It’s been a little over a week since the terrorist attack outside a concert arena in Manchester, England took the lives of 22 innocent people and injured many others. The victims were just going about their business living their lives, trying to find a bright spot of musical entertainment in a dark gray world. The victims were mostly children being picked up after the Ariana Grande concert ended. I’ve been there, done that with my own children. The atmosphere is happy, exciting, anticipatory. Moving forward, crowds will be anticipating something more – snipers, stolen trucks barreling through crowds, and pressure cooker bombs
Ariana Grande, the 24 year old pop music princess was devastated by the attack and postponed the rest of her European Tour. Some social media posts say Arianna’s concert was targeted because of her suggestive outfits. The terrorists are so infuriated by what they perceive as anything unholy, that they feel justified in countering with even more heinous acts of their own. The murder of innocent children out for a night of fun is so much more offensive than anything in Arianna Grande’s wardrobe.
Our president (like him or not) had strong words for the terrorists. He refused to call them “monsters” and stated he would call them “losers” from now on. Why does he seem so much more presidential while he’s out of the country? Ironically, foreigners seem to love him. Then again, he’s just visiting their countries. Maybe he’s easier to tolerate in small doses.
Current events have me re-thinking the ban on travelers from the six or seven middle eastern countries who have a high rate of exporting terrorists. Some say a ban on all foreign flights for six-months would give american lawmakers a chance to collect their breath and start to formulate a solution. Something has to be done. Our open border policy doesn’t seem to be working. The honor system only works if everyone is honest. And there are those who will ruin it for the rest of us, and by “ruin it” I mean “kill us”.
After the Manchester bombings, concert goers with tickets to other upcoming events say they will still attend. Living in fear signals a victory to the terrorists. Everyone I’ve seen on the news is putting up a brave front while looking over their shoulder. Stay vigilant, government officials tell us.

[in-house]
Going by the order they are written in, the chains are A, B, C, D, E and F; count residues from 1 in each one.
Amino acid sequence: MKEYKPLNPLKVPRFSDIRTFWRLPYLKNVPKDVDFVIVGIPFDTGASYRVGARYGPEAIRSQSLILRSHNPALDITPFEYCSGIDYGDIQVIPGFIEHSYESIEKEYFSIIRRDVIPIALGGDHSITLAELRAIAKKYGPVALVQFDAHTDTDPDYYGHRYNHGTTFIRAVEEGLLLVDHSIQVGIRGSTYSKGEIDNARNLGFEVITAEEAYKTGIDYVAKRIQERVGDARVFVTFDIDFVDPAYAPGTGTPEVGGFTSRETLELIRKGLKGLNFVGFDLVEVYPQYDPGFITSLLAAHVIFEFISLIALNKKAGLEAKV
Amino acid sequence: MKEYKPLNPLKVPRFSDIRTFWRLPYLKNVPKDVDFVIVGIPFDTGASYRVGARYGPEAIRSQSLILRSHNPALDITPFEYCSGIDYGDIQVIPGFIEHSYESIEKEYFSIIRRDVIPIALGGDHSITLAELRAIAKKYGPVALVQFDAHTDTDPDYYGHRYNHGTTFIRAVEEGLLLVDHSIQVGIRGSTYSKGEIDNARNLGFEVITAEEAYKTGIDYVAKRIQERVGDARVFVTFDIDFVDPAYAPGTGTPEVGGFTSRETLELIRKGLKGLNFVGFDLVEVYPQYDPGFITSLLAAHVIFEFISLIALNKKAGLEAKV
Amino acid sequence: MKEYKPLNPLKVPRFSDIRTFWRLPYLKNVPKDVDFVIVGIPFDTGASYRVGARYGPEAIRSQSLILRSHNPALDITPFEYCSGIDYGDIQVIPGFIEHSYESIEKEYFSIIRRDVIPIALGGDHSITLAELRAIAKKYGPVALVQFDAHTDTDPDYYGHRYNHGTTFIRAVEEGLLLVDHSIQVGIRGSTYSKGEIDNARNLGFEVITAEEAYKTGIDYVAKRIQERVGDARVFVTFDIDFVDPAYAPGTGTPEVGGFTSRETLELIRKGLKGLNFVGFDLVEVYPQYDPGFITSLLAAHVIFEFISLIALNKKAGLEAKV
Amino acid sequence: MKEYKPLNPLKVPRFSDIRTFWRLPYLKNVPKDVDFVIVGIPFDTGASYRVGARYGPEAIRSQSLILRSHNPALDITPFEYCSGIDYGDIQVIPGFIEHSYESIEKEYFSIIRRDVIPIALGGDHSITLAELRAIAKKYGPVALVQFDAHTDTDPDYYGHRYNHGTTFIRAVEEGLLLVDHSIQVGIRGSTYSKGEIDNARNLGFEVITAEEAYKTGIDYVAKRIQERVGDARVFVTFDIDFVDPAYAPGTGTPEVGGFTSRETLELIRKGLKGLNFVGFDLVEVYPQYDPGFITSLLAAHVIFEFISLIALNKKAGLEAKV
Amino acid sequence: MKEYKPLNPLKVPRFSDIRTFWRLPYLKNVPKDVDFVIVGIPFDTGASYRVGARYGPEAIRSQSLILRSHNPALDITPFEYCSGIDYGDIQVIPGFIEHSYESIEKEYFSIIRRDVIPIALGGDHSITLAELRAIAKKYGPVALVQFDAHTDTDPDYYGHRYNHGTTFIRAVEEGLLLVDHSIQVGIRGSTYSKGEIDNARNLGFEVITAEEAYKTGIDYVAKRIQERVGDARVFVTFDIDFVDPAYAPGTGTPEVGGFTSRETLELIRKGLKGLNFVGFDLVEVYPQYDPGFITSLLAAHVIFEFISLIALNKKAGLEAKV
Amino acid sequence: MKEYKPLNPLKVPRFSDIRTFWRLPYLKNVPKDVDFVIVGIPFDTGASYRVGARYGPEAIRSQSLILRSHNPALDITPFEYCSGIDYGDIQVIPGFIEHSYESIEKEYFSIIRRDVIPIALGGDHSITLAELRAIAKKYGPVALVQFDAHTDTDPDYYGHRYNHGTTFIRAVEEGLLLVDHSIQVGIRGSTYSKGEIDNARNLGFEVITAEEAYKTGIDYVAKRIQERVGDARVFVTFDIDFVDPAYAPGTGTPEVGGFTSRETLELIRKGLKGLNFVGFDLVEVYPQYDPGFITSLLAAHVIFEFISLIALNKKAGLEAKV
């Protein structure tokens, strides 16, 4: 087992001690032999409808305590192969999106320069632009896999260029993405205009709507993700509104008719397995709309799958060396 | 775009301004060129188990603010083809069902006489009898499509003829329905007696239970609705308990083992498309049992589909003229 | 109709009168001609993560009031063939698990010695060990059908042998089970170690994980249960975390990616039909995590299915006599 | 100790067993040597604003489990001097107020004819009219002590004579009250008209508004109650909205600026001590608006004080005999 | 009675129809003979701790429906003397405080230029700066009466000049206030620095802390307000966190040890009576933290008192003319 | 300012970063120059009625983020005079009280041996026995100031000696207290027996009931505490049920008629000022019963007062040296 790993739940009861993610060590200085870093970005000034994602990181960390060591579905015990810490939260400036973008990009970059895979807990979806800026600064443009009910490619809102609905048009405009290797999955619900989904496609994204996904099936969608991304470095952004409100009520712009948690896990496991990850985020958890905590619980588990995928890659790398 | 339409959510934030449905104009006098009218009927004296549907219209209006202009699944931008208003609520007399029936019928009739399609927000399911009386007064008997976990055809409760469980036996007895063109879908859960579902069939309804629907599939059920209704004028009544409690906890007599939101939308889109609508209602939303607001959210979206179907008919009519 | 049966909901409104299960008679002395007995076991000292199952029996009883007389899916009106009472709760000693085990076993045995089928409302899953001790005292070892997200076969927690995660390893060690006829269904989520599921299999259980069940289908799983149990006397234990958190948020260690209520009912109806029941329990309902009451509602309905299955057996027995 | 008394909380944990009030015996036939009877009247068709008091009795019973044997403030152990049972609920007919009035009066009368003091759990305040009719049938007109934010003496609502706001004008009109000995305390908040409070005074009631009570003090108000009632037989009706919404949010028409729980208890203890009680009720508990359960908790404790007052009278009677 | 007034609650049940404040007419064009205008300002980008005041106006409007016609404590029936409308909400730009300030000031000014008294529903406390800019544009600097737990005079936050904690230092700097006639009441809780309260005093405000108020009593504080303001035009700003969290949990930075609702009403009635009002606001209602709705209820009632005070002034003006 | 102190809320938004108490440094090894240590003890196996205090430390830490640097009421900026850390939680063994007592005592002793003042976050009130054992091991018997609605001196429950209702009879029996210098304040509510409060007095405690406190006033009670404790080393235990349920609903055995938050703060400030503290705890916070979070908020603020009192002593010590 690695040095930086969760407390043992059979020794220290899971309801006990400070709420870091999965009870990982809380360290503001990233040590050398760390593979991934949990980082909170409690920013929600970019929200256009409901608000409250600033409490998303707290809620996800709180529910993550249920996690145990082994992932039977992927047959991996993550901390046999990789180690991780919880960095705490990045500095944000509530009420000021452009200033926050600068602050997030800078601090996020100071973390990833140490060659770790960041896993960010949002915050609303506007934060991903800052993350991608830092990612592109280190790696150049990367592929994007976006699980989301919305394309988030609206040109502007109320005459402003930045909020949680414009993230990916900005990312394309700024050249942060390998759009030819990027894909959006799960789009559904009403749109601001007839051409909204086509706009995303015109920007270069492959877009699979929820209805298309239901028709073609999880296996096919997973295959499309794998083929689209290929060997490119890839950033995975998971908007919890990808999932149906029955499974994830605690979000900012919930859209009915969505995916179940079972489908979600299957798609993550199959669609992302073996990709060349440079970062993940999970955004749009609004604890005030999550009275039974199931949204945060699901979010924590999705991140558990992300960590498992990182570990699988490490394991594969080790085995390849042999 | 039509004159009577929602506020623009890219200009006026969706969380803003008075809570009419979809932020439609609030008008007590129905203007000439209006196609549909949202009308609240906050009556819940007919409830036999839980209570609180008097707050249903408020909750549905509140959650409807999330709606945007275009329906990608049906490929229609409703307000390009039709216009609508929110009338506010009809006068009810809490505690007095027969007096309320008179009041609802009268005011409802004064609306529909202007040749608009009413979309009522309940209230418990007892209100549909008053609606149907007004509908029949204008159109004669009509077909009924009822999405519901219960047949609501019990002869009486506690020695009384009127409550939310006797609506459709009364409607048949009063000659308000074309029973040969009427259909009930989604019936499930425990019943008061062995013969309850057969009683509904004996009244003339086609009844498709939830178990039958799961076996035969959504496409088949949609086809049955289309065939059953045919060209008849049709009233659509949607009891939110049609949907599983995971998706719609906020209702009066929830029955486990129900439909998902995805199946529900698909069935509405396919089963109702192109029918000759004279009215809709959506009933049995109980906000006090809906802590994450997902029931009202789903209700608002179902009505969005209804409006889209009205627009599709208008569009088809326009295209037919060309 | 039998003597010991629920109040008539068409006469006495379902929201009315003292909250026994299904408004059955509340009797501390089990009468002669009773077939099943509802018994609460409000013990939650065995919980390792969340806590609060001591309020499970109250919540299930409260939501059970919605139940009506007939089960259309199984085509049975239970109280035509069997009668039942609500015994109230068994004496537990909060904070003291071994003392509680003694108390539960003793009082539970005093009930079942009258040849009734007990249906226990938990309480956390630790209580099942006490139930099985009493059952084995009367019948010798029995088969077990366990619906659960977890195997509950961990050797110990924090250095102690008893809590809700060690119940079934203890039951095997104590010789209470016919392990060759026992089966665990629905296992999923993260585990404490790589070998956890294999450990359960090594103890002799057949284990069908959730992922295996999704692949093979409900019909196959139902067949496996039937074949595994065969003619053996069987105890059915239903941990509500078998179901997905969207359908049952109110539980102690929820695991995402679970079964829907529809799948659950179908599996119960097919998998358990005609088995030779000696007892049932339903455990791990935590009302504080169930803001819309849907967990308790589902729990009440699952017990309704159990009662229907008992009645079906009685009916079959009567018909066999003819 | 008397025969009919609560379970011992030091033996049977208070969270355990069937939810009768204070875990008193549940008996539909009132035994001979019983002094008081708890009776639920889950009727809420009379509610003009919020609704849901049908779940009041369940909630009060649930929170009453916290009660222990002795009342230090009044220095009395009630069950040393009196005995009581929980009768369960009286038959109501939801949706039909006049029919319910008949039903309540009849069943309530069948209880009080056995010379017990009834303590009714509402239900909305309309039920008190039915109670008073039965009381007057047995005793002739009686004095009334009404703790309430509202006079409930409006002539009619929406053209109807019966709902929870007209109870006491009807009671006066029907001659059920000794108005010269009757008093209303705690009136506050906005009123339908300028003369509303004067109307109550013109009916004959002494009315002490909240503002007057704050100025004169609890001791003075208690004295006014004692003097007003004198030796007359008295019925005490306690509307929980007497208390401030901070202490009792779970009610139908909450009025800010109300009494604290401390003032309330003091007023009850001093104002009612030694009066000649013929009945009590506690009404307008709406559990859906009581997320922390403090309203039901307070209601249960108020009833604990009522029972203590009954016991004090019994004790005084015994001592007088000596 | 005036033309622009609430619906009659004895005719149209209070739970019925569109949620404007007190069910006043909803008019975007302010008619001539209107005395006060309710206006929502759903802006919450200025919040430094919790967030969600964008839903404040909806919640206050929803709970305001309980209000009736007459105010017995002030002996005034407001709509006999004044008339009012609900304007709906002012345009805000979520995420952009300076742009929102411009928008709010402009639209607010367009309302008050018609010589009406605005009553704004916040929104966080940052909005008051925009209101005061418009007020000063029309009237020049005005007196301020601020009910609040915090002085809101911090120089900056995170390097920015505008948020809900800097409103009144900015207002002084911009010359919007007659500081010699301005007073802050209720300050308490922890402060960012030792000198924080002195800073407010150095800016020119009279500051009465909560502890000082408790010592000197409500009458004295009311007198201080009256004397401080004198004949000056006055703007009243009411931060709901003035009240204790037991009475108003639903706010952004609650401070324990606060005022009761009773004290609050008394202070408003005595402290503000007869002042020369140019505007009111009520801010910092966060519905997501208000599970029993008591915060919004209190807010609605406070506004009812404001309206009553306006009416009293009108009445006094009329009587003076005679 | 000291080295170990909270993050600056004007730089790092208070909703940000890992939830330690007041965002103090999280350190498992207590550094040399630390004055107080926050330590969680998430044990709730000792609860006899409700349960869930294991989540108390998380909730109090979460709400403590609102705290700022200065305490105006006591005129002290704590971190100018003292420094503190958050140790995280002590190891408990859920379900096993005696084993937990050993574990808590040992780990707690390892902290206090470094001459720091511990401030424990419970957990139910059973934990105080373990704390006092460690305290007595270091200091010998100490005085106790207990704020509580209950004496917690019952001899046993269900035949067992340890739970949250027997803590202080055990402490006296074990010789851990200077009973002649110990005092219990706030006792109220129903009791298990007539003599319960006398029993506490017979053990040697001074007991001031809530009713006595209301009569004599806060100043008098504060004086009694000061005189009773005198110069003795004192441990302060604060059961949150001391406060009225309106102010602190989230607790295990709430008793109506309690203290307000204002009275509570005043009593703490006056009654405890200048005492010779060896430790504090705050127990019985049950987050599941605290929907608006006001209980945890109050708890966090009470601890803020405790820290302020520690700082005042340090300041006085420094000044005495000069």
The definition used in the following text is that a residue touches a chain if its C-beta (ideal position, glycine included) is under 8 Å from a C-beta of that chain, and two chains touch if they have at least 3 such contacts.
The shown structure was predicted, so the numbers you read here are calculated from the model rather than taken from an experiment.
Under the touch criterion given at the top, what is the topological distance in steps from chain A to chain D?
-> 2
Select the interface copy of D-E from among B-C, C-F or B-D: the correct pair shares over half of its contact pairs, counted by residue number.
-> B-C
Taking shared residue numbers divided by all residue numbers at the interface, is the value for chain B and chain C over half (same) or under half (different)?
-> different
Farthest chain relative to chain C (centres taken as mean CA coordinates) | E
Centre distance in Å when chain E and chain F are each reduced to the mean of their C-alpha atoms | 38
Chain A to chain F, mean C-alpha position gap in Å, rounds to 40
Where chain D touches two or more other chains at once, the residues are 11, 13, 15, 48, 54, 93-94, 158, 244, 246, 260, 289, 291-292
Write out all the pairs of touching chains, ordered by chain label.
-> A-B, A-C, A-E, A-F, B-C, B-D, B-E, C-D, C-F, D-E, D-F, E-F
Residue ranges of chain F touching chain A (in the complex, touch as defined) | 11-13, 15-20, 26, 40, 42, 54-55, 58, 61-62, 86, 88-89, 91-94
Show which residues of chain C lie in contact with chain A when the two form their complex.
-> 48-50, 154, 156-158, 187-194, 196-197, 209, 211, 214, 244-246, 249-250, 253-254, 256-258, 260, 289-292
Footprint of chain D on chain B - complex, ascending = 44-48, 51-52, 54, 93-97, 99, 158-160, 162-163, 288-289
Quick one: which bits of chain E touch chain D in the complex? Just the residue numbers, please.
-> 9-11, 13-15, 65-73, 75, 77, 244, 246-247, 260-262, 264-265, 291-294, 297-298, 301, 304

A statement I heard from a BBC reporter prompted me to write this article. She said Britain is going to have to “get used to” terrorist attacks because the problem cannot be stopped.
No, Ms. BBC news reporter. Do not tell me to “get use to” living like this. Do not tell me nothing can be done. I’m not sure what we can do, but we have to start somewhere. Do something, become pro-active instead of just reacting every time an attack occurs. These terrorists are at war with us and the majority of citizens walk around like nothing is happening. This is one problem, that if ignored, won’t go away. It will get worse. And worse. And worse. Until there aren’t enough of us left alive to fight back. Three dead here, twenty-two dead there, three-thousand dead over there. I will not “get used to” this.
Things once enjoyable have slowly become causes of dread. There was a time when airplane trips were fun. Visiting foreign countries was something to be excited about. Concerts, social gatherings and events that draw crowds are now tinged with fear and danger. I applaud singer Ariana Grande for planning her return to Manchester, England to host a benefit concert for the families of the victims. I expected a much different reaction. Instead of hiding in fear she has become an unlikely symbol of strength in the face of adversity.
My son’s upcoming departure for his 13 hour flight to his new life in Japan looms on the horizon. I am a nervous wreck but I’m trying not to show it. I’ll be praying to God throughout his flight until his feet are on solid ground, somewhere, anywhere. I feel so helpless not being there for him when he’s halfway around the world. I told him the recent years of terror attacks have left me on edge, and I am worried about him living in a foreign country. He tried to ease my mind.
“Just live your life, Dad,” he said to me. “That’s all you can do.”
There must be something more we can do. Unfortunately, no one seems to know what that something is.